Had Egypt tried to boost its political ties with China 15 years ago when its economy was closed, the step would have been limited, and of no positive impact on the economy. The average growth in the volume of Egyptian-Chinese trade proves that in the coming 10 years, China, and not the USA, will be Egypt's primary trade partner. This has nothing to do with politics. Both governments have no control on the companies which will lead to an increase of bilateral trade between Egypt and China.
What is the current volume of trade between Egypt and China?
Bilateral trade now stands at $2.1 billion, of which $1.9 billion is in favour of China and $200 million is the volume of Egyptian exports to China.
What steps is the Egyptian government undertaking in order to boost exports to China?
The role of the government is to establish the economic framework for this cooperation. If the government does not interfere by setting a sound framework, the volume of trade will continue to rise in favour of China. Countries all over the world are complaining of the highly competitive Chinese products which enjoy high quality and cheap prices.
The ministry of trade is also (faced with the task of raising) Egyptian manufacturers' ability to produce competitive products that can enter the Chinese market. .
According to your previous announcement the government aims at sizably raising the trade volume between Egypt on the one hand, and China and Russia on the other. What are the concrete steps taken by the ministry in this respect?
As I mentioned the aim of the visit is to set an economic framework which includes the trade volume. The role of the ministry is finding ways to promote Egyptian exports in the Chinese and Russian markets. The ministry had already concluded a protocol with Russia within the framework of the World Trade Organisation (WTO) that permits a preferential treatment for Egyptian exports to Russia. According to the protocol, Egyptian exports will enjoy a 50 per cent cut in tariffs.
As for China, we also finalised a preferential treatment for Chinese businessmen who will use Egyptian imports in order to encourage Egyptian exports to China. The trade balance will always be in China's favour. This is not a problem at all since the economic package with China includes six items, namely trade volume, tourism, investment, technology transfer, human resources development and logistics. Even if the trade volume is in China's favour, we can benefit from other items such as investment. If Egypt succeeds in attracting $100 to $200 million annually of Chinese direct investments to Egypt, this will be of great benefit.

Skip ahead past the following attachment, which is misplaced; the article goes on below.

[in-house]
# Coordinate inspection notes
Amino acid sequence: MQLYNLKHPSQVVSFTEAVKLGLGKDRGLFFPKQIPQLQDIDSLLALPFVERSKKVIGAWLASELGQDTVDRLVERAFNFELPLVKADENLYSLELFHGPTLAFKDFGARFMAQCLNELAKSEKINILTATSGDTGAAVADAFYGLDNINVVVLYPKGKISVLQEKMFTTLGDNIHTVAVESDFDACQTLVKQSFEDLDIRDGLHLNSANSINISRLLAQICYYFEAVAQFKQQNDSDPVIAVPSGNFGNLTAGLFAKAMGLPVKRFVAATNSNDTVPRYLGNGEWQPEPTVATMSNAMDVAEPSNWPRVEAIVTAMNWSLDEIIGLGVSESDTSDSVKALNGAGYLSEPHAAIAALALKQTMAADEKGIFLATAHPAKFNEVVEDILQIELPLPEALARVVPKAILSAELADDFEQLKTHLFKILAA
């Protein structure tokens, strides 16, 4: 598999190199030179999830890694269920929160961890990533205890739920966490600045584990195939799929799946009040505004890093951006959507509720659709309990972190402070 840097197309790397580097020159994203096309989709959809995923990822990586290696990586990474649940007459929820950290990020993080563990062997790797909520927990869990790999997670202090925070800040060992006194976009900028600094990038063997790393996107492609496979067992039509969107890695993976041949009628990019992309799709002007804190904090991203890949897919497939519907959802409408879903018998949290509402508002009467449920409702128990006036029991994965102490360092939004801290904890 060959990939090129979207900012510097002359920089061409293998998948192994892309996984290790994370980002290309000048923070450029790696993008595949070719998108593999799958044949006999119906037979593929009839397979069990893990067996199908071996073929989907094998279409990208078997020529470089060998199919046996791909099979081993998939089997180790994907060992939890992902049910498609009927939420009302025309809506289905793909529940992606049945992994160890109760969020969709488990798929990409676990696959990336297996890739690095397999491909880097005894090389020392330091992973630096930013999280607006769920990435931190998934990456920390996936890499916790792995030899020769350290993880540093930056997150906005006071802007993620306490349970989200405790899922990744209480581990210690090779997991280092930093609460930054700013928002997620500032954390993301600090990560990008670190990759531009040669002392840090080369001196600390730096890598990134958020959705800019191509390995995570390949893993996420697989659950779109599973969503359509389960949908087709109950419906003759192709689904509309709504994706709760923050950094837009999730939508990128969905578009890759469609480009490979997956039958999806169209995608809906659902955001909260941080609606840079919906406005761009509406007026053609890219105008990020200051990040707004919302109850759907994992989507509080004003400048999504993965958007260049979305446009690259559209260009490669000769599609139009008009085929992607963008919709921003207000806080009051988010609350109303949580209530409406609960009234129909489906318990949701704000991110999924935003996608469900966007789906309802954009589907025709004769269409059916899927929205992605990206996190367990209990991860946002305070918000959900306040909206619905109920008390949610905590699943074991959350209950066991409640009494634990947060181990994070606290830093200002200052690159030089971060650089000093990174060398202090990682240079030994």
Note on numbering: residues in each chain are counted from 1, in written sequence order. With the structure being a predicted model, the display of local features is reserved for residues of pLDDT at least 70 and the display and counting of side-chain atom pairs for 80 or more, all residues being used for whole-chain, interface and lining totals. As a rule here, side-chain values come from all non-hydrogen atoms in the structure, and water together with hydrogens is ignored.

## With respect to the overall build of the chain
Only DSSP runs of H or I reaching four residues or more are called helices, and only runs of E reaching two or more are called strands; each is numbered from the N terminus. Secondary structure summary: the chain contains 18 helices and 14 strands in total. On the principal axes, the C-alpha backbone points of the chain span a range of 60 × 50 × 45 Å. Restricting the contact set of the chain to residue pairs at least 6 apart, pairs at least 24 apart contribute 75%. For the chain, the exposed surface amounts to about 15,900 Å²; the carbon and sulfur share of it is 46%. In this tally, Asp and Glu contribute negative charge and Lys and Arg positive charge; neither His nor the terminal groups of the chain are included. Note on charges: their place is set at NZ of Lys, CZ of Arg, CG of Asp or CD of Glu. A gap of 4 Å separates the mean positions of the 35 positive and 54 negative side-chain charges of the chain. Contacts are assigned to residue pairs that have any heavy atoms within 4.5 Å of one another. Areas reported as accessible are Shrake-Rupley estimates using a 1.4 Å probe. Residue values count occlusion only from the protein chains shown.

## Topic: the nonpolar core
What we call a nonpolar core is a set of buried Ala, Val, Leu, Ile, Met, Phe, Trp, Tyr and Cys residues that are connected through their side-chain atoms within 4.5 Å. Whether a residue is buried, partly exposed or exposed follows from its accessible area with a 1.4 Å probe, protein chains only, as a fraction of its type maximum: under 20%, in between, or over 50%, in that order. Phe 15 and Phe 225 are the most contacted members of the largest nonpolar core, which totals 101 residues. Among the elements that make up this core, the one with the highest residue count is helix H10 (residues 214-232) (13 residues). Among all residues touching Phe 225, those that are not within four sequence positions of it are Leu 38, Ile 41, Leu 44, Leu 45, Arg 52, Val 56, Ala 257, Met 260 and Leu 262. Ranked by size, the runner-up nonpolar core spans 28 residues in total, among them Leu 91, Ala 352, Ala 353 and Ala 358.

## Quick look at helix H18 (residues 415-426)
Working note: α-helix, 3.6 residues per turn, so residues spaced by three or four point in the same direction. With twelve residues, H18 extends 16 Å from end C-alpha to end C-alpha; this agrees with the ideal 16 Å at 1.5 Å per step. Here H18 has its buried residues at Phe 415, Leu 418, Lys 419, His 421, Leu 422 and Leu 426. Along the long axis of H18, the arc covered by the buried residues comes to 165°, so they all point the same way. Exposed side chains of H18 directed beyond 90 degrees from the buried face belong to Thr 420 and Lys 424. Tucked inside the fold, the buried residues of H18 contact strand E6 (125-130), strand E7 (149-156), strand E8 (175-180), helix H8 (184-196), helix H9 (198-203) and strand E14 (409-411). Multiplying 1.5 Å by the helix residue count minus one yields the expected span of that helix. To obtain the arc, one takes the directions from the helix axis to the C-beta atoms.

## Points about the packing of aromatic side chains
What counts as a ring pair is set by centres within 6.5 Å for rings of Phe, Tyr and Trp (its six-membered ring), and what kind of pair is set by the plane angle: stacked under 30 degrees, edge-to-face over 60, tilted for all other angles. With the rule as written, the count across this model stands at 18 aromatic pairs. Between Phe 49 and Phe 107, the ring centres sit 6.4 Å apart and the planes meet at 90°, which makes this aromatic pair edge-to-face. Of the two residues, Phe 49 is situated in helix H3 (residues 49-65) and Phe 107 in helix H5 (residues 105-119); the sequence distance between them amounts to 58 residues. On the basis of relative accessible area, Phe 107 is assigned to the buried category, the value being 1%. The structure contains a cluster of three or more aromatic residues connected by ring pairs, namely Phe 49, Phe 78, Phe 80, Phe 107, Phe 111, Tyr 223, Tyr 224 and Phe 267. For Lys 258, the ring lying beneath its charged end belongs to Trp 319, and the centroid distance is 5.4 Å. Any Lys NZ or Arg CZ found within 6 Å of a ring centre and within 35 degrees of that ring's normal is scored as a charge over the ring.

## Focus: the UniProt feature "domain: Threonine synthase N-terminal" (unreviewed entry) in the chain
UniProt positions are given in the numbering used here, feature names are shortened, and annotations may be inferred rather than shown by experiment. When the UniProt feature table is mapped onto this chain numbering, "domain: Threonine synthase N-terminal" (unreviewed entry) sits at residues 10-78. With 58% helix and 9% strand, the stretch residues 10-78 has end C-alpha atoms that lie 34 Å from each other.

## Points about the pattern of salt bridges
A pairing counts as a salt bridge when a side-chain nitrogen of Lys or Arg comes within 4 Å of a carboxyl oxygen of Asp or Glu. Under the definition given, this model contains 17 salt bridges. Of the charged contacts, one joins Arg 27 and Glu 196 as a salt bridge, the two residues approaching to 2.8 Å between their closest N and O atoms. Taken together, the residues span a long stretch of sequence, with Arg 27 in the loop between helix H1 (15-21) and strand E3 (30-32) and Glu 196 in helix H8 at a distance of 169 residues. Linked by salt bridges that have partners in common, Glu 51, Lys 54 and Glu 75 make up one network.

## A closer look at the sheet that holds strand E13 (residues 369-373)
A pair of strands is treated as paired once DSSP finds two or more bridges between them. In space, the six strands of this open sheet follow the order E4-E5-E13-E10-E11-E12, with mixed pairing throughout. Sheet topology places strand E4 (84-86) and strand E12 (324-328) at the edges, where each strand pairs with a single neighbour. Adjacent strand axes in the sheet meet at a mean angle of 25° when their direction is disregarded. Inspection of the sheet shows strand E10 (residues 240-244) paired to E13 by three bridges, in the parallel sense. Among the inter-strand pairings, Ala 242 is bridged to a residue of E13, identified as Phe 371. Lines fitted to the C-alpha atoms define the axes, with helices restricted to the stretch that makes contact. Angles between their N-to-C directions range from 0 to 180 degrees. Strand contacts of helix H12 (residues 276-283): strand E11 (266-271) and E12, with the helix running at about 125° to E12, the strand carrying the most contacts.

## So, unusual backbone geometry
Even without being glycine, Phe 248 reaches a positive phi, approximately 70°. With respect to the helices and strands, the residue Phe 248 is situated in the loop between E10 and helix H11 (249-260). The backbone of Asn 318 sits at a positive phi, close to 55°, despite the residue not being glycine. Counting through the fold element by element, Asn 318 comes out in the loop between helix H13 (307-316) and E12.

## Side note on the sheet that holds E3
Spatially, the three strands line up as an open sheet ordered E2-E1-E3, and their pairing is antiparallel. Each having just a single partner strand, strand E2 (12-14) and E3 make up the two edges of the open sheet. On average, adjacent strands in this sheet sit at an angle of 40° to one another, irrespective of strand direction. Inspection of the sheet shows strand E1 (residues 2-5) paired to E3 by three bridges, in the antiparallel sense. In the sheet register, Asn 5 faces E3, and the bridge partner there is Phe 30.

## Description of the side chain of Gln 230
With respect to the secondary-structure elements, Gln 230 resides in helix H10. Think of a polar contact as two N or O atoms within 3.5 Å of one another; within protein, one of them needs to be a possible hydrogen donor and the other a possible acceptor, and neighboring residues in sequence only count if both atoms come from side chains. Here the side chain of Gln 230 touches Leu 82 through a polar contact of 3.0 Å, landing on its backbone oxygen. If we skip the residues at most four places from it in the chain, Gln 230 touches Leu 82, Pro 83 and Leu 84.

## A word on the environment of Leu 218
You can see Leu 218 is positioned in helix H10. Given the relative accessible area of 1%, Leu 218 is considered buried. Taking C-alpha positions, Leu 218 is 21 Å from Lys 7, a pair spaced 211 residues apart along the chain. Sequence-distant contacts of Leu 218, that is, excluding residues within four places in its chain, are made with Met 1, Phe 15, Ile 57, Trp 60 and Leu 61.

Does the visit aim at striking a balance in Egypt's relations with the Eastern countries, as opposed to its ties with the West?
The political agenda is equally important and full of issues, yet the economic agenda is not directed by political (considerations). It is market driven. Egypt cannot isolate itself from cooperating with large markets such as China, whose import figures exceed $600 billion. It should seek for a share of this huge (export market). There is no objection to benefitting from this on the political level, since both the political and economic interact. It is time to benefit economically from the huge reservoir of our political relations with Russia and China.
Chinese investors in Egypt often utilise Chinese labour. How can the ministry maximise the benefits from such Chinese investments to be in favour of Egypt?
There are currently some investment projects underway, such as the establishment of a fairground. It will cost around $200 to $300 million which are non- refundable. The Chinese have the right to establish projects with Chinese labour and management, but the story is different when they establish companies. According to our laws these companies are Egyptian, even if they are totally owned by Chinese businessmen.
We are promoting foreign direct investments in Egypt equally, by European, Arab or Chinese businessmen. These investments will provide job opportunities for the Egyptian labour force. They will utilise Egypt's raw materials, and will help provide foreign currencies to Egypt.
China is starting to invest $50 billion annually as foreign investments throughout the whole world. The second item which is included in the economic package with China is tourism. China is expected to be the largest exporter of tourists in the world. Some 100 million Chinese tourists are expected to go abroad annually. We should work to attract Chinese tourists and raise them from the current 50,000 tourists to reach one million, as is the case with Russian tourists to Egypt. The trade balance between Egypt and Russia is now in favour of Russia. It will be changed to be in Egypt's favour if we add the revenue of Russian tourists, which is estimated at $800 million.